Predicting Epipelic Diatom Exopolymer Concentrations in Intertidal Sediments from Sediment Chlorophyll a
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- Underwood, G. & Smith, D. Microb Ecol (1998) 35: 116. doi:10.1007/s002489900066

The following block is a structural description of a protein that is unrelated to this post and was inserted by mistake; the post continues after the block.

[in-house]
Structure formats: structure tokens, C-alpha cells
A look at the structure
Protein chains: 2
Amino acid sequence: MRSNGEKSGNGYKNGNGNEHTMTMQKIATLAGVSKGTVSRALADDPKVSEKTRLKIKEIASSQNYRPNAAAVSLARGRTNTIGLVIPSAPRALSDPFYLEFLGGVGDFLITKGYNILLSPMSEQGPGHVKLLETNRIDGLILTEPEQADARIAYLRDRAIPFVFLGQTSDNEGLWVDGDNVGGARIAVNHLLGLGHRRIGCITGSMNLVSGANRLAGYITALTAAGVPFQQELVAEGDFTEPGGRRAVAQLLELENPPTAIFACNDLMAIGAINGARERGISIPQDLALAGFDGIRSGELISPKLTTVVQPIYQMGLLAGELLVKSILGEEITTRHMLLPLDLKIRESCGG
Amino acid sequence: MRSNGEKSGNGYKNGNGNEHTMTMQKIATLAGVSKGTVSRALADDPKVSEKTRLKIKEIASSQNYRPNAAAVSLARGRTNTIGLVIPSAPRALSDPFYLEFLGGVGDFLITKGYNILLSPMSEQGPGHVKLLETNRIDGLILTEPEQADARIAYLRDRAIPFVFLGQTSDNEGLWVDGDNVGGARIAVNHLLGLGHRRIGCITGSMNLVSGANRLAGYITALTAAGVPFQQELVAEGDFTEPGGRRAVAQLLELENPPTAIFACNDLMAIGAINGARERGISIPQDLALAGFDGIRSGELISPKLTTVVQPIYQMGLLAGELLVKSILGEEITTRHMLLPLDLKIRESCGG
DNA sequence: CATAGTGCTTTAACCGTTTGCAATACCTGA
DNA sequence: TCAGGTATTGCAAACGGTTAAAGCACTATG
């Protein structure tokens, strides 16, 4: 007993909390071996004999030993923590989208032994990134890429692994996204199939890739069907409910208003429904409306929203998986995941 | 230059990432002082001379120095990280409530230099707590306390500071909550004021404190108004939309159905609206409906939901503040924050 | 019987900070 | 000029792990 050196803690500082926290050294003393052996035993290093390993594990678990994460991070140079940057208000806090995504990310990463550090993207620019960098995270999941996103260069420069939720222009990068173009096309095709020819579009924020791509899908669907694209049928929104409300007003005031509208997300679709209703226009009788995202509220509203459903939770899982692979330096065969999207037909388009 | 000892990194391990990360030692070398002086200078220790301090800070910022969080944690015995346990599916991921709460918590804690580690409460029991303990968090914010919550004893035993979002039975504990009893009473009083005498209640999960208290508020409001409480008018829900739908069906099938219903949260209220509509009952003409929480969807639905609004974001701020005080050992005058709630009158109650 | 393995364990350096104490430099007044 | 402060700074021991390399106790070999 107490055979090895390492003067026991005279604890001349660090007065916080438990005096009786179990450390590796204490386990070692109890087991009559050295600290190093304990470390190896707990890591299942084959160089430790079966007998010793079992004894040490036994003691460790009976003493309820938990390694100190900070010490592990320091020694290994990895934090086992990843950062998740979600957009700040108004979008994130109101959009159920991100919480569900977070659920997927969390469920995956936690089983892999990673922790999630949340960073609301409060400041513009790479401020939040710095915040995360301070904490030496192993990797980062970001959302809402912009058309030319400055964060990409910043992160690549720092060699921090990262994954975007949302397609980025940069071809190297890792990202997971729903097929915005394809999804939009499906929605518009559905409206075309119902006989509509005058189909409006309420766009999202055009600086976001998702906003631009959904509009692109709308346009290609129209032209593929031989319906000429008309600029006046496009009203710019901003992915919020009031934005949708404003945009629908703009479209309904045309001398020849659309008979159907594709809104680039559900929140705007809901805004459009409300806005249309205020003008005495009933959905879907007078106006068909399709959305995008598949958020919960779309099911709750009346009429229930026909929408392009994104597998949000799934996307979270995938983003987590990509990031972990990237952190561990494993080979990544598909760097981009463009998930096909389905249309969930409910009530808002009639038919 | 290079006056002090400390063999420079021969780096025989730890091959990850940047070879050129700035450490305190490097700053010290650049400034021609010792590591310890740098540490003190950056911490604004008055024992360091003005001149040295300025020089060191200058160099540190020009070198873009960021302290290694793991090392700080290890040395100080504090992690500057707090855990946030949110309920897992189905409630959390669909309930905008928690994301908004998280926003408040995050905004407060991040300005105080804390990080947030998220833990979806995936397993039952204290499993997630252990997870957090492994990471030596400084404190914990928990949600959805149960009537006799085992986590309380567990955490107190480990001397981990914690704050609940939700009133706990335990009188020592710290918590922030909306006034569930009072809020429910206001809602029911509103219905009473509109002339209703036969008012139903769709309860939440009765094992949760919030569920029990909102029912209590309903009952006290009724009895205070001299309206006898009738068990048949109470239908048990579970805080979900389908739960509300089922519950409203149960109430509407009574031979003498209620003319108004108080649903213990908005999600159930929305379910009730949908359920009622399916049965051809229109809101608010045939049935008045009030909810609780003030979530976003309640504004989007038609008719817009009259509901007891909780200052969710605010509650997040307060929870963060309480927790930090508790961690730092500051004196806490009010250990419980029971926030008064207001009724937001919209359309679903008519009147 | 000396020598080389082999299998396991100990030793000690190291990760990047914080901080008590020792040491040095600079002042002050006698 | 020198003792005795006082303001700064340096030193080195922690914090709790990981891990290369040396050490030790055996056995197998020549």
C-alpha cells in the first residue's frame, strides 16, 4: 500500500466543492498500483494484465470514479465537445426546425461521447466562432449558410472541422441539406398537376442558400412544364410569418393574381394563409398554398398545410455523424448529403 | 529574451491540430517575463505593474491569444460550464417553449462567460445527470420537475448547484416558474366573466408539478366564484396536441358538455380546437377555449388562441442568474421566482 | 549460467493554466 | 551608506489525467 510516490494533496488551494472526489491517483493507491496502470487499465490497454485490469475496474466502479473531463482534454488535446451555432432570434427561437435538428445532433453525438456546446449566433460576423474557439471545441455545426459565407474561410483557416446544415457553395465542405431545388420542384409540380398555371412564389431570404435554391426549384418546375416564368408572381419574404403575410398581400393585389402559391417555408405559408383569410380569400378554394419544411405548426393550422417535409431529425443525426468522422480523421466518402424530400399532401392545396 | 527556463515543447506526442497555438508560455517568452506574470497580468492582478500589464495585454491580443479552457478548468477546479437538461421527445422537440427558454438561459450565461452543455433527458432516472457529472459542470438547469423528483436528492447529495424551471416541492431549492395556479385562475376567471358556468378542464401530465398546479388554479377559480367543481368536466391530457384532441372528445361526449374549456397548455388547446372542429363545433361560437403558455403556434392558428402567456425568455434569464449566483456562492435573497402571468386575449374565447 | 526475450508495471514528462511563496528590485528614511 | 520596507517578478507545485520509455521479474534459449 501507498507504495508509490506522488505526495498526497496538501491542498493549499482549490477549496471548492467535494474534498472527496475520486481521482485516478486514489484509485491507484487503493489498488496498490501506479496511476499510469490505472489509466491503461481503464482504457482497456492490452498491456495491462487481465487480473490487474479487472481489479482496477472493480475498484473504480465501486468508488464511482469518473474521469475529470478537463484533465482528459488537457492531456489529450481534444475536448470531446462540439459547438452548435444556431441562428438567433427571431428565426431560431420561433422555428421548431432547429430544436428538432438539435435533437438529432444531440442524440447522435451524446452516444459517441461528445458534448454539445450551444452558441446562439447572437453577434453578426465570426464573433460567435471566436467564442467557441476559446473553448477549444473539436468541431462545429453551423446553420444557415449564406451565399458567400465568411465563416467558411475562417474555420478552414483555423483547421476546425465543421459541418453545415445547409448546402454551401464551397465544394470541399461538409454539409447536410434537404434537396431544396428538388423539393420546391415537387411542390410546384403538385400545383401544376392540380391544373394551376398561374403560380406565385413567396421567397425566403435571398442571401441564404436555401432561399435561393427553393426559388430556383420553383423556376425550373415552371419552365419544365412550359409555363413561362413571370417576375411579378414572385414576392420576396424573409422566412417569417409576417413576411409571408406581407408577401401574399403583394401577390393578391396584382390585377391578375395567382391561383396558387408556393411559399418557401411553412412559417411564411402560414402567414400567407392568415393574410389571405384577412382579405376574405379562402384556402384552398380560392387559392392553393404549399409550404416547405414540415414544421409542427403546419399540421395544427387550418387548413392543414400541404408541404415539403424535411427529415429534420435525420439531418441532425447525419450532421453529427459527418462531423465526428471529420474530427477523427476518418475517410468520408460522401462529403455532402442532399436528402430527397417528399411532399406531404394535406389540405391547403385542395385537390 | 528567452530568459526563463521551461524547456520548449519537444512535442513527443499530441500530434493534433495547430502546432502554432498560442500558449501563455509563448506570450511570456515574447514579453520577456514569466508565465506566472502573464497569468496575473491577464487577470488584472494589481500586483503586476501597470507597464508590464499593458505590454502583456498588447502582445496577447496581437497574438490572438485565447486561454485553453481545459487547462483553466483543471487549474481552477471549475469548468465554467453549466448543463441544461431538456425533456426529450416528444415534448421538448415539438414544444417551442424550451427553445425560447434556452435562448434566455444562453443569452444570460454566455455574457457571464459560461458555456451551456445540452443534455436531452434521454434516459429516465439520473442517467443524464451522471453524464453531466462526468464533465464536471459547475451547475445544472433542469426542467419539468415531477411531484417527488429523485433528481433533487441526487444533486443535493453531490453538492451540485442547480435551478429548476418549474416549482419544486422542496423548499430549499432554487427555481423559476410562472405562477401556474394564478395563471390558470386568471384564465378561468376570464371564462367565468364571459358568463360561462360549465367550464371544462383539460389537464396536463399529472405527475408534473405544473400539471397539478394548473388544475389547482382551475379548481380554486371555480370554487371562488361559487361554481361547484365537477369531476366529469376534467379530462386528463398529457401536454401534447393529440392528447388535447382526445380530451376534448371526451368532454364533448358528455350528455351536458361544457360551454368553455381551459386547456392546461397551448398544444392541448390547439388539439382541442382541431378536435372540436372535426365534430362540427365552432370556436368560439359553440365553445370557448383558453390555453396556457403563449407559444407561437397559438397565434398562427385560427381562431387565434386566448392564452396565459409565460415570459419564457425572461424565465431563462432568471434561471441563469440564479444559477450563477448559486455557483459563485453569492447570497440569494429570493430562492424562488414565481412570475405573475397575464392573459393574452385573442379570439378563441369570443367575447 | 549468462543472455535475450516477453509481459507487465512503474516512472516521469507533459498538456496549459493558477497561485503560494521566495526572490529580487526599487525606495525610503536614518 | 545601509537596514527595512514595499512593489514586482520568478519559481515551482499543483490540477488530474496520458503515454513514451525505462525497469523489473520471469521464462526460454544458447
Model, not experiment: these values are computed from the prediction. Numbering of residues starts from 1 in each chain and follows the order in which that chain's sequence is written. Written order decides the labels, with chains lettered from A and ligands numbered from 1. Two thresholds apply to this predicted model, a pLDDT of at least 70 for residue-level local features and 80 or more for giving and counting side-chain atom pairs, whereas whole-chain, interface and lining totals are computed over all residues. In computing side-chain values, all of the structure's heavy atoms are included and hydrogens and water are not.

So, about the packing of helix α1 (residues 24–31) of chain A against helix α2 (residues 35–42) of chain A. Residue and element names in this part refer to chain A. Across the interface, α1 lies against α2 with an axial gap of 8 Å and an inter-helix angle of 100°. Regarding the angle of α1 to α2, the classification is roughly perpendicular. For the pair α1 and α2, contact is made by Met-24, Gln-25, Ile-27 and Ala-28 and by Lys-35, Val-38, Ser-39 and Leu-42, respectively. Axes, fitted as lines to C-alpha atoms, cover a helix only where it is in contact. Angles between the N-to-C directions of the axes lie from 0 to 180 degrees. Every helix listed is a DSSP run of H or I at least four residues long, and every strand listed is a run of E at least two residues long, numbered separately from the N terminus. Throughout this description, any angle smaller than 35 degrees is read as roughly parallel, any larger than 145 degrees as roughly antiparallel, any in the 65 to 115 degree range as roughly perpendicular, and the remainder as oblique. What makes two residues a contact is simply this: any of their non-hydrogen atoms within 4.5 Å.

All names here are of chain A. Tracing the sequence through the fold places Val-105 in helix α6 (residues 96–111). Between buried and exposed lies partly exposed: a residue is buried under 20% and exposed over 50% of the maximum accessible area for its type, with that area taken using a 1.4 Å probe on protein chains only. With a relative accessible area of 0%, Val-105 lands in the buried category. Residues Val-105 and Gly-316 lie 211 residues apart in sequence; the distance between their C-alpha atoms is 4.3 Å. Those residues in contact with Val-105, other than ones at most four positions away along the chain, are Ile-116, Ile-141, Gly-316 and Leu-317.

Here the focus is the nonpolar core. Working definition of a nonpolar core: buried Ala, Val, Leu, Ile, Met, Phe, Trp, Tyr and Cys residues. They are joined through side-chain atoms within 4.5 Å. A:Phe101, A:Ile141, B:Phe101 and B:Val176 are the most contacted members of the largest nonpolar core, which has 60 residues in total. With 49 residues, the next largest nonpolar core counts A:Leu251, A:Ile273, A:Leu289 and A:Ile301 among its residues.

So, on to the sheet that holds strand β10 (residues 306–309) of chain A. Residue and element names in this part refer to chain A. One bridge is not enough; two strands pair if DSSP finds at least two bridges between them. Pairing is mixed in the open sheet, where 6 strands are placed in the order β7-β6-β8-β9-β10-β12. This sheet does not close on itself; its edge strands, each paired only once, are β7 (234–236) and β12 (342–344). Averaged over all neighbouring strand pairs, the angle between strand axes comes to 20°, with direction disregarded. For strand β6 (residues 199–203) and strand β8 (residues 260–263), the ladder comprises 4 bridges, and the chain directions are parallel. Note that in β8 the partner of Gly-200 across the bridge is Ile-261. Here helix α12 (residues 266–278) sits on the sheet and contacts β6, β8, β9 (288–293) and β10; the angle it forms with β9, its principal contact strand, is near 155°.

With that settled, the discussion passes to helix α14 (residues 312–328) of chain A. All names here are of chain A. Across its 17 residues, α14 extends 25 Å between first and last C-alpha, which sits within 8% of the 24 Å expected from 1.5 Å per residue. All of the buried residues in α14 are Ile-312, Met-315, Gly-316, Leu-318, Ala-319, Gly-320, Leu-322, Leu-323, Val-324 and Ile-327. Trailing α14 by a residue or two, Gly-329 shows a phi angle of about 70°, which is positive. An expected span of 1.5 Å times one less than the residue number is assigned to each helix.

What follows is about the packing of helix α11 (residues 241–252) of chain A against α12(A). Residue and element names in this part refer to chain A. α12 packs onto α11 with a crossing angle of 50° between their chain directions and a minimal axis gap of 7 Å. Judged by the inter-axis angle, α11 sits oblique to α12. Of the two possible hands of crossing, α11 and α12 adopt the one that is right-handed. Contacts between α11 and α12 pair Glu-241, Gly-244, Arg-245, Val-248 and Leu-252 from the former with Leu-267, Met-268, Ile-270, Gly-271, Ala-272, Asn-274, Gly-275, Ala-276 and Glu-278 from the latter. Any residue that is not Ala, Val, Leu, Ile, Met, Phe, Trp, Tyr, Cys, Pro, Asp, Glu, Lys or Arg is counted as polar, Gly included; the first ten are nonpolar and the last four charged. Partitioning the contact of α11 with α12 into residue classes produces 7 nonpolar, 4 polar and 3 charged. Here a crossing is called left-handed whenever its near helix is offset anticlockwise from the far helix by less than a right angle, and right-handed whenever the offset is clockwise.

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In many intertidal cohesive—sediment habitats, epipelic diatoms are the dominant microphytobenthic organisms. In such sediments, concentrations of colloidal carbohydrate [including the exopolymeric substances (EPS) produced by diatoms during motility] are closely correlated with the biomass (chlorophyll a) of epipelic diatoms. A model describing this relationship (log (conc. coll. carbo. + 1) = 1.40 + 1.02(log (chl. a conc. + 1)) was derived from published data. It was validated against published and unpublished data from 6 different estuaries, and accounted for 64.6% of the variation in sediment colloidal carbohydrate concentrations. The model was valid for intertidal habitats with cohesive sediments where epipelic diatoms constituted >50% of the microphytobenthic assemblage. In sites with noncohesive sediments, or where the microphytobenthic assemblage was dominated by other algal groups, the model was not applicable. The mean percentage of EPS in colloidal carbohydrate extracts varied between 11 and 37% for axenic cultures of epipelic diatoms (with higher values obtained during stationary phase), and between 22.7% and 24.3% for natural sediments dominated by epipelic diatoms. Assuming an EPS percentage of 25% in colloidal extracts yielded an EPS chl. a ratio of 2.62:1. Maximum rates of EPS production in diatom cultures occurred at the beginning of stationary phase (1.6–5.09 μg EPS μg−1 chl a d−1), with Nitzschia sigma having a significantly (P < 0.05) higher rate of production than N. frustulum, Navicula perminuta and Surirella ovata. Similar rates of EPS production were measured in the field. The dynamics of EPS production and loss on mudflats is discussed, with reference to the model and these production rates.